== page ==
Fog and rain have filled our days, the sort of cold autumn rain that chills you to the bone. Vivid leaves are plastered to the ground, a welcome relief from the grey skies and incessant downpour. It seems as though the rain began three weeks ago when my friend Ray passed from this life to the next. Our friendship spanned almost fifty years. I don’t know how to begin to describe a relationship like that. I don’t know how to begin to grieve. I do know I find myself laughing as much as crying. So I’m drawn to this masterpiece of a photo by my friend Robert of White Sands, a photo of a desert instead of drenched soil. The overwhelming blue mirrors my sadness, while the blending of the sand and the sky somehow captures the essence of my loss. There is a single point in the distance where it’s difficult to tell where the sand ends and the sky begins. I remember Ray and I riding our bikes to the bookmobile. I remember how we would read the same books and talk about them. No, not like we were in English class. Instead, Ray would make up new endings for a book he didn’t like, or extend the story for characters he couldn’t let go of. I suppose I was one of those characters, and the foundation we built so long ago sustained us both through the vagaries of this life. Ray was one of the few friends who knew of the miscarriages I had before my daughter Tori was born. My husband and I simply stopped telling others I was pregnant, for fear that we would have to tell them I had lost another baby. But I had to tell Ray. I couldn’t keep from telling Ray. He never said things like ‘It will all work out this time’. He simply told me he truly believed God would bring children into my life. He believed in a different ending and when I could not believe on my own I leaned on his belief. Ray was always challenging me, and all those he loved, to create our own endings. He saw no use for a script in this wild, wonderful life. If you don’t like it, make up a new ending. Make time today to open your heart and mind to the possible. Write your own story. Create your own ending. Let go of what is expected, or easy, or just plain comfortable. Build on what brings you joy, rather than allowing the essence of this life to slip through your fingers. Reserve time for your loved ones into your daily schedule, because we do not know what tomorrow may bring. And always remember, while this life may end, love such as this will never die. Text by Connie Chintall ©2014, photo entitled ‘Blue Day at White Sands’ by Robert H Clark, ©2014, All Rights Reserved. To see more of Robert’s work, go to http://www.roberthclarkphotography.com/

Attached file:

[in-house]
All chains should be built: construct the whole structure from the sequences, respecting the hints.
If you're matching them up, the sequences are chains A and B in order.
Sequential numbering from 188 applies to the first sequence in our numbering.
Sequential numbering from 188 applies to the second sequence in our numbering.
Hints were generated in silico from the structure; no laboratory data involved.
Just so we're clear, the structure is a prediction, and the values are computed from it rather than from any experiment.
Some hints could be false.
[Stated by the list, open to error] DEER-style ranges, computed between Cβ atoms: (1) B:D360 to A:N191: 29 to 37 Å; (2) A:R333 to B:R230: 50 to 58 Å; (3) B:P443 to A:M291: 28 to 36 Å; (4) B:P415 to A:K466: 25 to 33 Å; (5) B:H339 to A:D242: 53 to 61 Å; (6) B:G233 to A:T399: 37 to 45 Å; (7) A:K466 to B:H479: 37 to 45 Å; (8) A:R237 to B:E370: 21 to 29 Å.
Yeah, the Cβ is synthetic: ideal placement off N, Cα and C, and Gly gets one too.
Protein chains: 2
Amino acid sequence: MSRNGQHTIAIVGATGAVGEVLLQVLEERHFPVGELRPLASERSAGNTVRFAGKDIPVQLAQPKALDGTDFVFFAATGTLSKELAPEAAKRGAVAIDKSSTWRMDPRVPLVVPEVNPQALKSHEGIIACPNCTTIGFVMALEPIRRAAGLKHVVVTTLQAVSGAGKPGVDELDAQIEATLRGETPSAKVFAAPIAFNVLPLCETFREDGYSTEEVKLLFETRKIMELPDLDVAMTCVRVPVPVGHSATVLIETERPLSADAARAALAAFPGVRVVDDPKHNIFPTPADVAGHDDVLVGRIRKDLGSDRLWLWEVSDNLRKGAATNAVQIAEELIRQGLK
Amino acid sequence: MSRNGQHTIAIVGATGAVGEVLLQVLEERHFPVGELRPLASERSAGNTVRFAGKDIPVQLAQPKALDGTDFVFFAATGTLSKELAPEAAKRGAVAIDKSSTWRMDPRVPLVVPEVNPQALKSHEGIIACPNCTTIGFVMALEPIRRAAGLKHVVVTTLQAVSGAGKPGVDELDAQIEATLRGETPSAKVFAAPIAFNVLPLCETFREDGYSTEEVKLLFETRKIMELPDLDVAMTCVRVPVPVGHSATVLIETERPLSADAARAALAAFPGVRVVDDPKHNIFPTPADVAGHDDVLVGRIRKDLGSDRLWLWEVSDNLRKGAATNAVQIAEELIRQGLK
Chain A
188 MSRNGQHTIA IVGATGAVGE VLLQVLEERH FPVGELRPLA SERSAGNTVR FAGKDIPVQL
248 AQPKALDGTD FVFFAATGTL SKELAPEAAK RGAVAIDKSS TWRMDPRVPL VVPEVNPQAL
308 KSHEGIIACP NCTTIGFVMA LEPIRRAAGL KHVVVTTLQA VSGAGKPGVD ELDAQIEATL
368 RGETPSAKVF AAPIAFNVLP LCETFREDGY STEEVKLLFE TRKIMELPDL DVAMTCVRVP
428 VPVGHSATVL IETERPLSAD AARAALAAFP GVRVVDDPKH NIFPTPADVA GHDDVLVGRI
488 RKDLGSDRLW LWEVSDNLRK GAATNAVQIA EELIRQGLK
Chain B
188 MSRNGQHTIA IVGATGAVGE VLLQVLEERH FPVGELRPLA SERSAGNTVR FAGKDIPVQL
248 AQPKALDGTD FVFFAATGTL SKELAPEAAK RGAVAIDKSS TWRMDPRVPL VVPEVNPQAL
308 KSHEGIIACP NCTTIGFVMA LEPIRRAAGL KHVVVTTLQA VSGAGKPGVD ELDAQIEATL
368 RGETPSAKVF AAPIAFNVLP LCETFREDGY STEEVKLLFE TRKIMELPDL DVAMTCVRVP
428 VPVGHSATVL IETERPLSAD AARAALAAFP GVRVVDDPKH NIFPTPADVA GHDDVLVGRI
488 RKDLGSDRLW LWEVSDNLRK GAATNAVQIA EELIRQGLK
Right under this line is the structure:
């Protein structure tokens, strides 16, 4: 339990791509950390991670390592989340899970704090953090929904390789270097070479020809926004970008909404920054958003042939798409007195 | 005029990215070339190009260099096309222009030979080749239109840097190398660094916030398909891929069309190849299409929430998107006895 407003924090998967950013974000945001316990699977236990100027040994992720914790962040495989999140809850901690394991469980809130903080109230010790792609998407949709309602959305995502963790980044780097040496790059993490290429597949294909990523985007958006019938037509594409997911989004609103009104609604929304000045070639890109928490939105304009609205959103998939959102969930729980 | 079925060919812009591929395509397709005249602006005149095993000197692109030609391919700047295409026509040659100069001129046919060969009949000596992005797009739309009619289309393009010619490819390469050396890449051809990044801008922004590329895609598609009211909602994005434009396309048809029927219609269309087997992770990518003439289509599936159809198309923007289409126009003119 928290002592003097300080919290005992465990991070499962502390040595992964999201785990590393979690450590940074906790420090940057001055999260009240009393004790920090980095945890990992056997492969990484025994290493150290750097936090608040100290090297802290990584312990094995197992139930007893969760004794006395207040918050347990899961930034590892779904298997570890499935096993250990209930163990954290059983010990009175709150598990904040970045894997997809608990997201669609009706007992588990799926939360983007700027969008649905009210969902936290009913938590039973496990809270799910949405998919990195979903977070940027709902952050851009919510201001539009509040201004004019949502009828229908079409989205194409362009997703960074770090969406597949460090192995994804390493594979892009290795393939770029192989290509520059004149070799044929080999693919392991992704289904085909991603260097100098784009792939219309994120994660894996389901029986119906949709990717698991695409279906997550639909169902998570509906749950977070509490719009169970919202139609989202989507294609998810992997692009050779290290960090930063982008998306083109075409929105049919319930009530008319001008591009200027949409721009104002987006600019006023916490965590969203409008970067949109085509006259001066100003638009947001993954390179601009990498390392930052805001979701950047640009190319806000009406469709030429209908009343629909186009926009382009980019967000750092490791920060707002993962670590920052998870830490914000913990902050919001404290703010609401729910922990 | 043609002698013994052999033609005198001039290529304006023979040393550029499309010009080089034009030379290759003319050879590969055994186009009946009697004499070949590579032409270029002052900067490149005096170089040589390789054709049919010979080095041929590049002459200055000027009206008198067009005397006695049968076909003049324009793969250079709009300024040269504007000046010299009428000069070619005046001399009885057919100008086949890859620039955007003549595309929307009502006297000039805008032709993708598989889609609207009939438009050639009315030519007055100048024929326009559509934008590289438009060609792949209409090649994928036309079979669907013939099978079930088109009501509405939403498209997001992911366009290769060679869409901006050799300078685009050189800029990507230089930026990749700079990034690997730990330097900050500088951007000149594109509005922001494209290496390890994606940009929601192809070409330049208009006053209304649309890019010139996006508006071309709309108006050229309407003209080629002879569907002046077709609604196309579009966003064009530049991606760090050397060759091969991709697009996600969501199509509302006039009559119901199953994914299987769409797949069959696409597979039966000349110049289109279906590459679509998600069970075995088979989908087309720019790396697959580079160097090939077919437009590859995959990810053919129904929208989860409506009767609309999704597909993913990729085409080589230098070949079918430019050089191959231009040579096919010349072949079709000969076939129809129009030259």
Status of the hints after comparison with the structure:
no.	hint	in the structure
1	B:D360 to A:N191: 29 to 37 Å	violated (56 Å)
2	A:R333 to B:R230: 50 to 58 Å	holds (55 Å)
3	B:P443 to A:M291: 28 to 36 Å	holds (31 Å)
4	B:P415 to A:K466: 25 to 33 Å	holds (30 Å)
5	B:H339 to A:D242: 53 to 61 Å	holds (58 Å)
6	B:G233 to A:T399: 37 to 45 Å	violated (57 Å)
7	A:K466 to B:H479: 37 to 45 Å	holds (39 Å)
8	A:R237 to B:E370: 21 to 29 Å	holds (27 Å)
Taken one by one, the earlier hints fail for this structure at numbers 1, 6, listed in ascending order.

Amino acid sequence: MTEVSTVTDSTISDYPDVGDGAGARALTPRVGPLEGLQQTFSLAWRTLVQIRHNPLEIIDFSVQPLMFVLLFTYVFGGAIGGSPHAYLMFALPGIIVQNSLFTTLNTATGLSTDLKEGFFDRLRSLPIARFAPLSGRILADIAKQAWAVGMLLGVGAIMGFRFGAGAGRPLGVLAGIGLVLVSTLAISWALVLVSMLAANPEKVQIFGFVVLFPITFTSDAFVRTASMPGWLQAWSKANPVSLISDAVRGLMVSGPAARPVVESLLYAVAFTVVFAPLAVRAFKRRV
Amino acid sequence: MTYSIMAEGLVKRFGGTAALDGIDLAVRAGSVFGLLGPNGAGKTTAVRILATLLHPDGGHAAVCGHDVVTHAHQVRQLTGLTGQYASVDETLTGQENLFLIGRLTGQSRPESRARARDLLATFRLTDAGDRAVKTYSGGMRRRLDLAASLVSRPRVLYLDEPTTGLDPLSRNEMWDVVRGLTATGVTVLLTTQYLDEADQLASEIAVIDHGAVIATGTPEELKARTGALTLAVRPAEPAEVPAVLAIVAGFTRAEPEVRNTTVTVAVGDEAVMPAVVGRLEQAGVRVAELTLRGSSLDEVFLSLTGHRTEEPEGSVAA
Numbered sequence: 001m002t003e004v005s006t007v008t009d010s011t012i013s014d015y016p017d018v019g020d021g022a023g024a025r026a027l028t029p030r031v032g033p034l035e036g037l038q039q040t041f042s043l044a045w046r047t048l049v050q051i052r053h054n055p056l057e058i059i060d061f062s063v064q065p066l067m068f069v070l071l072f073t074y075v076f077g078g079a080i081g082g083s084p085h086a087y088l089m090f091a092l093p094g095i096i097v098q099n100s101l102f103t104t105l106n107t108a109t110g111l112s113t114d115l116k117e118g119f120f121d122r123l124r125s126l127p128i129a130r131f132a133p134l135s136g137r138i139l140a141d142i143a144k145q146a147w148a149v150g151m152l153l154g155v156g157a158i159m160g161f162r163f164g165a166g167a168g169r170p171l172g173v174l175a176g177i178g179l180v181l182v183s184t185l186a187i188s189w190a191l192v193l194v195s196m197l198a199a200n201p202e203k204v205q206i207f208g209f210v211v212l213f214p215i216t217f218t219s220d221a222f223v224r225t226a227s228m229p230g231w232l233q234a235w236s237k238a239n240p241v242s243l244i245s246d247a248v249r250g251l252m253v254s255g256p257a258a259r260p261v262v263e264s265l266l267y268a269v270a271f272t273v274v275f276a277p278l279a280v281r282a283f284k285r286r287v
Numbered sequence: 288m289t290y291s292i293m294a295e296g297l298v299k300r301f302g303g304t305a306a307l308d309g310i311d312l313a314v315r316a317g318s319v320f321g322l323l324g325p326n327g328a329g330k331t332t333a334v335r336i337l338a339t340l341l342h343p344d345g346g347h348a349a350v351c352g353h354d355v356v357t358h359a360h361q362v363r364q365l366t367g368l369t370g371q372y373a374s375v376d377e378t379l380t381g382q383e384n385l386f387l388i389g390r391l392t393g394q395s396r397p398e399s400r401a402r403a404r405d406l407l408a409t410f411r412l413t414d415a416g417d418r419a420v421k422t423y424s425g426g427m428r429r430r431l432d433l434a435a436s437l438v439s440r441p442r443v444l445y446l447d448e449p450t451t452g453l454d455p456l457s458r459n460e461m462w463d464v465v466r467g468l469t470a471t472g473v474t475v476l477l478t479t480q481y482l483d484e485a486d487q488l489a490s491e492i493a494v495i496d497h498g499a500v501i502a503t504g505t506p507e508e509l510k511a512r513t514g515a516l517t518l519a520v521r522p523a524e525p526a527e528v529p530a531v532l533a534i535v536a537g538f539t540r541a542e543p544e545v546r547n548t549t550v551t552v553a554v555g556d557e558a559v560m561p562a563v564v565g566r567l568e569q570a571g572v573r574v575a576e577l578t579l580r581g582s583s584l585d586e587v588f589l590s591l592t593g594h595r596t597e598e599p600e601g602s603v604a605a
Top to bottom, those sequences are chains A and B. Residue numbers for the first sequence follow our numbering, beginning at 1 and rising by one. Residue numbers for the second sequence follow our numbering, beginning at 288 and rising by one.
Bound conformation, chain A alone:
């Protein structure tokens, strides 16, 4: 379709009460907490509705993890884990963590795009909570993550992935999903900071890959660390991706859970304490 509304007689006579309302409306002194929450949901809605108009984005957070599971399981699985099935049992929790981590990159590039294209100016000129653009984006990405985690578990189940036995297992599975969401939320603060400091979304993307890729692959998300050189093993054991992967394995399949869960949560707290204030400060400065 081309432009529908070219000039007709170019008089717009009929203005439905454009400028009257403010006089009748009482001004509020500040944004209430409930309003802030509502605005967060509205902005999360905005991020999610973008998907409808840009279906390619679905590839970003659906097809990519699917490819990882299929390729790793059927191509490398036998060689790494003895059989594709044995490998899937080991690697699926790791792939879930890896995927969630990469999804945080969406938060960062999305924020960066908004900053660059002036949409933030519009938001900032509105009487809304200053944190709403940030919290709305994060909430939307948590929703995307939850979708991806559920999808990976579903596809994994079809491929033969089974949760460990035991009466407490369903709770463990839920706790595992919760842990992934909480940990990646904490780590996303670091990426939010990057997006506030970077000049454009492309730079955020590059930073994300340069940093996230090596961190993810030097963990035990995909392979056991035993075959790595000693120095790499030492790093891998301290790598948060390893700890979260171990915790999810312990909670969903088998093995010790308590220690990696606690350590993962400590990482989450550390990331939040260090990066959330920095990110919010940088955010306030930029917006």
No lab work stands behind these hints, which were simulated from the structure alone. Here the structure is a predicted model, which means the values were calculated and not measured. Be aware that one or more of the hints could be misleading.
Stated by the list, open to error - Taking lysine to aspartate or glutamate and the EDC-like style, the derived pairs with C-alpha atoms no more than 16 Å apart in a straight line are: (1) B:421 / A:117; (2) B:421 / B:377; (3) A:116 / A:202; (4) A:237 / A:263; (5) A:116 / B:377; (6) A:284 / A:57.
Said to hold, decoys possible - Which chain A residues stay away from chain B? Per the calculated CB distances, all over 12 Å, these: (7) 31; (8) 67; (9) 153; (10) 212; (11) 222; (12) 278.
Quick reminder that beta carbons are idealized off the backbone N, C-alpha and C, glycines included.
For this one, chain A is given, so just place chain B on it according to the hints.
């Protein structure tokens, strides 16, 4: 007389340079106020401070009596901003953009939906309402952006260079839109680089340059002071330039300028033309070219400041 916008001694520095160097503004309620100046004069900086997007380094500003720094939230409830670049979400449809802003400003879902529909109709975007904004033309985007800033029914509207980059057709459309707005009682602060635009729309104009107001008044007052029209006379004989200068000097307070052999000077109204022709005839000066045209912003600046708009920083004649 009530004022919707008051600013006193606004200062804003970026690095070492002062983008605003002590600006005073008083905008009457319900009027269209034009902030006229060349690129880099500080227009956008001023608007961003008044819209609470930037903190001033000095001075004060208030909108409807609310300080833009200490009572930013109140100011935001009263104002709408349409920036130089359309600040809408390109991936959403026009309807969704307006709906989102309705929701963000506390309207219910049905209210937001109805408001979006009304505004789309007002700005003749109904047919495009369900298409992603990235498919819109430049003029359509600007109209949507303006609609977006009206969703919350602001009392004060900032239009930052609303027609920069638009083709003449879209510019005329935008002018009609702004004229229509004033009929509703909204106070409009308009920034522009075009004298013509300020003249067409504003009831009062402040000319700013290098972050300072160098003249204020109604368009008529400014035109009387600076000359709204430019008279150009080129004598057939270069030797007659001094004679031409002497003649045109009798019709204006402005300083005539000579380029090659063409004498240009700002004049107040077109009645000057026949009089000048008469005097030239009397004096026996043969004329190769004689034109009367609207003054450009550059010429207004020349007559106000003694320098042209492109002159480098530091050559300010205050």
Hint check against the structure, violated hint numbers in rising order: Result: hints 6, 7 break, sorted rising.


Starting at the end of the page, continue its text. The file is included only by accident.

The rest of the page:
09 May 2013 6 Comments
After rain and more rain, the sun is shining this morning. The yard and deck are coated with tree pollen and oak litter. Today the world seems yellow from top to bottom. So I was drawn to this amazing photo by my friend Amin, of a single drop suspended in the curl of a withered plant. I love how water takes so many different forms, and forgive the engineer in me, different optical properties. This single drop acts as a lens, capturing the world around it in a perfect, circular reflection. Even when withered, this tendril can support the gift of life, clean, clear water. As the rain drenched the earth this week, many have drenched a dear friend in earnest prayers for healing. When the world seemed withered and bare, and all earthly hope seemed in vain, the Holy of Holies brought back my young friend from the abyss. No, there was more to it than that. A great healing has taken place, a loosing of his soul from a disease even the best and brightest do not understand. Such illness can do far worse than ravage the body. Such illness can cripple the soul. This healing of the soul is what we pray for, first and foremost, the healing that we all need to weather the vagaries of this life, the blessed assurance our mortal span is but a single drop in the ocean of eternal life. At times our lives may be as hard as ice, or as evasive as steam, but we are all still flowing through the river of Creation. Make time today to loosen your soul from the moorings of this life, to turn your heart and your eyes and your ears to the Divine in each and every one of us. Let go of the idea that prayer needs a special place or time, or flowery words. Breathe out ‘Almighty’, breathe in your name. Let your breath, your very being become your prayer. And always remember to give thanks for the abundant life we are offered, moment by moment, one drop at a time. Text by Connie Chintall ©2013, Photo entitled ‘A Single Drop’ by Amin Baher ©2012, All Rights Reserved